The Alliance Against Urban 4x4s is celebrating victory today after Mayor Ken Livingstone confirmed a scheme to levy a higher congestion charge on gas-guzzling cars in London.

The Mayor outlined the results of a three-month public consultation in late 2007. The new emissions-based Congestion Charge will create a sliding scale of charges for cars emitting higher and lower levels of carbon dioxide emissions.

Cleaner cars in VED tax bands A and B will receive a 100% discount on the current rate of £8, and cars in the highest-emitting band G will pay a higher rate of £25 per day.

The announcement follows a determined campaign by our Alliance. We produced a detailed report in 2006 proposing the scheme. The Alliance's report set out how the sliding payments could be implemented in response to TfL's dismissal of the idea of an emissions-related charge in 2004.

We're delighted with the level of public support for the emissions-based charge – this is key policy we have called for since we began our campaign. We look forward to seeing these measures finally doing something positive to reduce dirty, wasteful, unnecessarily large 4x4s and other highly polluting cars from our streets.

There is simply no need for these vehicles in our cities and the evidence shows that financial penalties, like a £25 congestion charge, will make a real difference to shifting consumers to use public transport more or to drive a less polluting car. Our report to the Mayor demonstrated that a higher charge could deter up to 40% of 4x4s [and other Band G cars] from coming into central London.

We know from the enormous amount of support for our campaign, and from our own surveys, that charging the most polluting cars a higher congestion charge will be very popular with the public. When we started campaigning for this measure in 2005, we asked 5,400 shoppers in central London their opinion and 95 percent agreed with the idea. This level of support has been mirrored in similar surveys.

Naturally, we are delighted with today's announcement. Not only have we changed the image of 4x4s and made them less popular and less acceptable for city driving, we have now achieved this concrete measure that we hope will work to reduce the number of dangerous, polluting cars in our city and set an example to cities everywhere.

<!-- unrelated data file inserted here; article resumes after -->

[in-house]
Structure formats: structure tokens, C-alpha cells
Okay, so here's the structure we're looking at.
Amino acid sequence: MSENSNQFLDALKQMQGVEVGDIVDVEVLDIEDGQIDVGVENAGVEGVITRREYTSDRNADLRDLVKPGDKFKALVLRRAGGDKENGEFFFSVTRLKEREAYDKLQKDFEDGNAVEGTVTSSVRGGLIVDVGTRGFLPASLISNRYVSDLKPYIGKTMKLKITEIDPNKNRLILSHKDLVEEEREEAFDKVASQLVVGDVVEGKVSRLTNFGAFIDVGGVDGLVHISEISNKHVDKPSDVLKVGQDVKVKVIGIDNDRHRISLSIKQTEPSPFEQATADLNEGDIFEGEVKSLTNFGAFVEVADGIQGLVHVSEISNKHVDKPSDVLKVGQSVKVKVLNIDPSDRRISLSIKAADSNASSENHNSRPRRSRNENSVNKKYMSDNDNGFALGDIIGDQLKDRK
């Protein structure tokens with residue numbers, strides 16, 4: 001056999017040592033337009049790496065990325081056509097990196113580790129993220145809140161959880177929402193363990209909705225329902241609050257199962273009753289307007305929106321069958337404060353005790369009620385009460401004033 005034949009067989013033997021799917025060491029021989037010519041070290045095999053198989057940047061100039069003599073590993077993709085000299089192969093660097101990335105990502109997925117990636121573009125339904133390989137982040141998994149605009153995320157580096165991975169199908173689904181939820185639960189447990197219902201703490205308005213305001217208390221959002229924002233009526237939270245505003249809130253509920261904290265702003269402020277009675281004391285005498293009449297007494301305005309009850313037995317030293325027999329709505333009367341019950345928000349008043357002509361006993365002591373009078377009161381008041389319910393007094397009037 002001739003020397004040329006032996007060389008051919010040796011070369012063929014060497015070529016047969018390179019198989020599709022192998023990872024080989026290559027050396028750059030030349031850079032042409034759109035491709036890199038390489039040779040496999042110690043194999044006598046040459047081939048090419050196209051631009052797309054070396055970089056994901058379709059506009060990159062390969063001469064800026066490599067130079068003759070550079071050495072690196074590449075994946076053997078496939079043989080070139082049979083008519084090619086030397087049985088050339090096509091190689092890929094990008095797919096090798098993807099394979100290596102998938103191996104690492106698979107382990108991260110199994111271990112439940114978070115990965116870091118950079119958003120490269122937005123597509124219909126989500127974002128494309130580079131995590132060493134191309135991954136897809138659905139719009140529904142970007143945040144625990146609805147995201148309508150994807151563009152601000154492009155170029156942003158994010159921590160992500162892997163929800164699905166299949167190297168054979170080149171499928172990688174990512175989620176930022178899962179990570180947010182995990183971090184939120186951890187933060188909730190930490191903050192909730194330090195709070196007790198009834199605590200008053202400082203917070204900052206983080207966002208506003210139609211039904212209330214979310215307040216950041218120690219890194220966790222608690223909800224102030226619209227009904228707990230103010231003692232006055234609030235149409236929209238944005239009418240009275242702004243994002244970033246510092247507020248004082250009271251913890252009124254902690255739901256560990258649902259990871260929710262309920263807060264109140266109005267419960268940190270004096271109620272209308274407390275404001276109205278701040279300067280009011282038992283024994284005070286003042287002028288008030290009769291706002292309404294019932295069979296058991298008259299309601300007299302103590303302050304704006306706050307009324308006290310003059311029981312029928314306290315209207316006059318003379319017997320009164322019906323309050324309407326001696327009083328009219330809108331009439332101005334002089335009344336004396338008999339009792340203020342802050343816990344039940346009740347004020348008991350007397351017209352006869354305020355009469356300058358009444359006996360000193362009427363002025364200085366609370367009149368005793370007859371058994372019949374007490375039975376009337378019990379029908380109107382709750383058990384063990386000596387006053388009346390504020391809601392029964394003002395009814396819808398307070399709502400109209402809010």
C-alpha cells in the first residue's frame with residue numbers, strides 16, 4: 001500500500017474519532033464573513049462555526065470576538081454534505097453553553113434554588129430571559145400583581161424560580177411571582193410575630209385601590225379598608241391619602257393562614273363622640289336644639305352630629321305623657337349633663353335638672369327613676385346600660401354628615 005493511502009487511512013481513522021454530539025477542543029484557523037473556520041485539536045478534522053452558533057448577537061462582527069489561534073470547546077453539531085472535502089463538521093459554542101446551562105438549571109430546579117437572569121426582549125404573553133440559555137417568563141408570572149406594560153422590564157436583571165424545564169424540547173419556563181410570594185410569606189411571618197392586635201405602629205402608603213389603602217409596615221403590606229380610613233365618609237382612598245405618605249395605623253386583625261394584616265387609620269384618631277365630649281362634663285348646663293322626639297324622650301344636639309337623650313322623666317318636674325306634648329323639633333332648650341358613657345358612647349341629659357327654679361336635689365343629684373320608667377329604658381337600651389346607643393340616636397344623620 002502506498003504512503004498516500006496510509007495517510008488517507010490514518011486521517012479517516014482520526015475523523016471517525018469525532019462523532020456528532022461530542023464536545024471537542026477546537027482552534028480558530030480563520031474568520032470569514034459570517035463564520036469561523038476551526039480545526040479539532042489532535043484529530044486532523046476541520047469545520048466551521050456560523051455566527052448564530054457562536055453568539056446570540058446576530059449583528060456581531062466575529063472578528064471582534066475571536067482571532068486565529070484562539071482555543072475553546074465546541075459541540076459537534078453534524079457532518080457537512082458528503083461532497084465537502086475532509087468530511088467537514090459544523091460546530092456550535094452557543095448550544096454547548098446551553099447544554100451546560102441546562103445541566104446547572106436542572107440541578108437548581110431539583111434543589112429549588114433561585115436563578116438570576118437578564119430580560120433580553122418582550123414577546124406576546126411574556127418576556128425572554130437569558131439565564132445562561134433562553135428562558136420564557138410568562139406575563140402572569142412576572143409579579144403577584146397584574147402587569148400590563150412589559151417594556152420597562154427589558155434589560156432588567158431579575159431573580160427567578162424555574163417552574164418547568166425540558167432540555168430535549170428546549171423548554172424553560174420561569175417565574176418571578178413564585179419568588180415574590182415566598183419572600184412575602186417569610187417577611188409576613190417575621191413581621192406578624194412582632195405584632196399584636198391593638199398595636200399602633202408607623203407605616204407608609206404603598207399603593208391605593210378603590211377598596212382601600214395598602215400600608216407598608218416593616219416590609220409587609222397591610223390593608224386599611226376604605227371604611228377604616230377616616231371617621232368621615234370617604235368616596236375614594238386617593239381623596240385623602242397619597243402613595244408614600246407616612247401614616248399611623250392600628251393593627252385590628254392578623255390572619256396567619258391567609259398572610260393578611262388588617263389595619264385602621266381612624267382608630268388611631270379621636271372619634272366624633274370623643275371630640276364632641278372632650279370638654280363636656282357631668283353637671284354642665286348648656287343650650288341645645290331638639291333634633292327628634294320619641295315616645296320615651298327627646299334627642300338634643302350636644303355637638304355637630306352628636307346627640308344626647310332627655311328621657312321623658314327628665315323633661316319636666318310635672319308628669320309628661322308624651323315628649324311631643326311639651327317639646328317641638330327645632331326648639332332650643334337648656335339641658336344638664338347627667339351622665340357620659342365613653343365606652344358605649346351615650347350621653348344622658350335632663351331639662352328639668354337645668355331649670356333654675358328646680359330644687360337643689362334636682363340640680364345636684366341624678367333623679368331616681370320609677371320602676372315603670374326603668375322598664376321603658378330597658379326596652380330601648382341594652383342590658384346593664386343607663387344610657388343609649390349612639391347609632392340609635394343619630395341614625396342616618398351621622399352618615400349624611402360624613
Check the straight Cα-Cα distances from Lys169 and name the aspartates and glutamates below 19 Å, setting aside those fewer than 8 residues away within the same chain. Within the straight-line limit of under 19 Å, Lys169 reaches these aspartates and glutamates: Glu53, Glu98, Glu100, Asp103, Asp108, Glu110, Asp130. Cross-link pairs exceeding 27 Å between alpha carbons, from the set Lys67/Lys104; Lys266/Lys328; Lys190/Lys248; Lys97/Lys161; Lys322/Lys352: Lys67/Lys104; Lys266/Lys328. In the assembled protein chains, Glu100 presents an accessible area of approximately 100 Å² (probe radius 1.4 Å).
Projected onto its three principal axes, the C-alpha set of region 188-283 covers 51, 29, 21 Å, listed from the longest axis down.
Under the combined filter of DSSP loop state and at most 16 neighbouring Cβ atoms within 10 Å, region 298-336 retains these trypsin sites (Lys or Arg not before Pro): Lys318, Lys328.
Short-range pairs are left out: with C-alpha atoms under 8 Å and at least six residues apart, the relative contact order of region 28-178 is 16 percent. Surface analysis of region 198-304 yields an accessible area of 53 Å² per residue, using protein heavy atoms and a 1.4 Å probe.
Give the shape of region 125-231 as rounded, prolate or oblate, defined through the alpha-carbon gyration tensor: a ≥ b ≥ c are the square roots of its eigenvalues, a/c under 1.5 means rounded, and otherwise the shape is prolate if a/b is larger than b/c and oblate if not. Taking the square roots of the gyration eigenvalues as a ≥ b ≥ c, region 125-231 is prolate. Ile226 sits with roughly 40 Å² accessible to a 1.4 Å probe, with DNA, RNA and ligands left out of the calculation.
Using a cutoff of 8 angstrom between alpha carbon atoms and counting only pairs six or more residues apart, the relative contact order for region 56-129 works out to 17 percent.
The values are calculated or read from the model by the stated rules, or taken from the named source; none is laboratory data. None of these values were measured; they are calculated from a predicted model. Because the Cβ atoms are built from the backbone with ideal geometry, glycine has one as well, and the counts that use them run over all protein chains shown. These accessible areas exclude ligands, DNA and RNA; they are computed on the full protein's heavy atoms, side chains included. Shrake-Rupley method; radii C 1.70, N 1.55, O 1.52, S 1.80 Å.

This measure also sends a strong message to those manufacturers who are currently failing to clean up their vehicle fleets. They are perfectly able to make cars in every class, including 4x4s, that don't create the excessive amounts of emissions of band G cars, yet that is where they profit the most. With this new Congestion Charge helping to change people's buying habits, the pressure is now on manufacturers to produce and advertise cleaner cars for their UK customers.

Sucess! Ken Signs Higher Charges for Band G Gas Guzzlers

Today marked a victory for our campaign. Since 2004 we have campaigned for a higher congestion charge in London for 4x4s and other gas guzzlers.

Wednesday, February 06, 2008

British Caravans - Are Brits the Fatso's of Europe?

Our caravaning correspondent keeps us posted on the latest news from the caravaning world. She writes, "This month's C&C Club magazine features an article on lightweight caravans (in fact it's their cover feature). They are being quite clever as they are not directly criticizing 4x4's as they no doubt realize many of their members own them, but focus on their higher CO2 emissions and higher fuel consumption as well as pointing out smaller cars are better for town driving."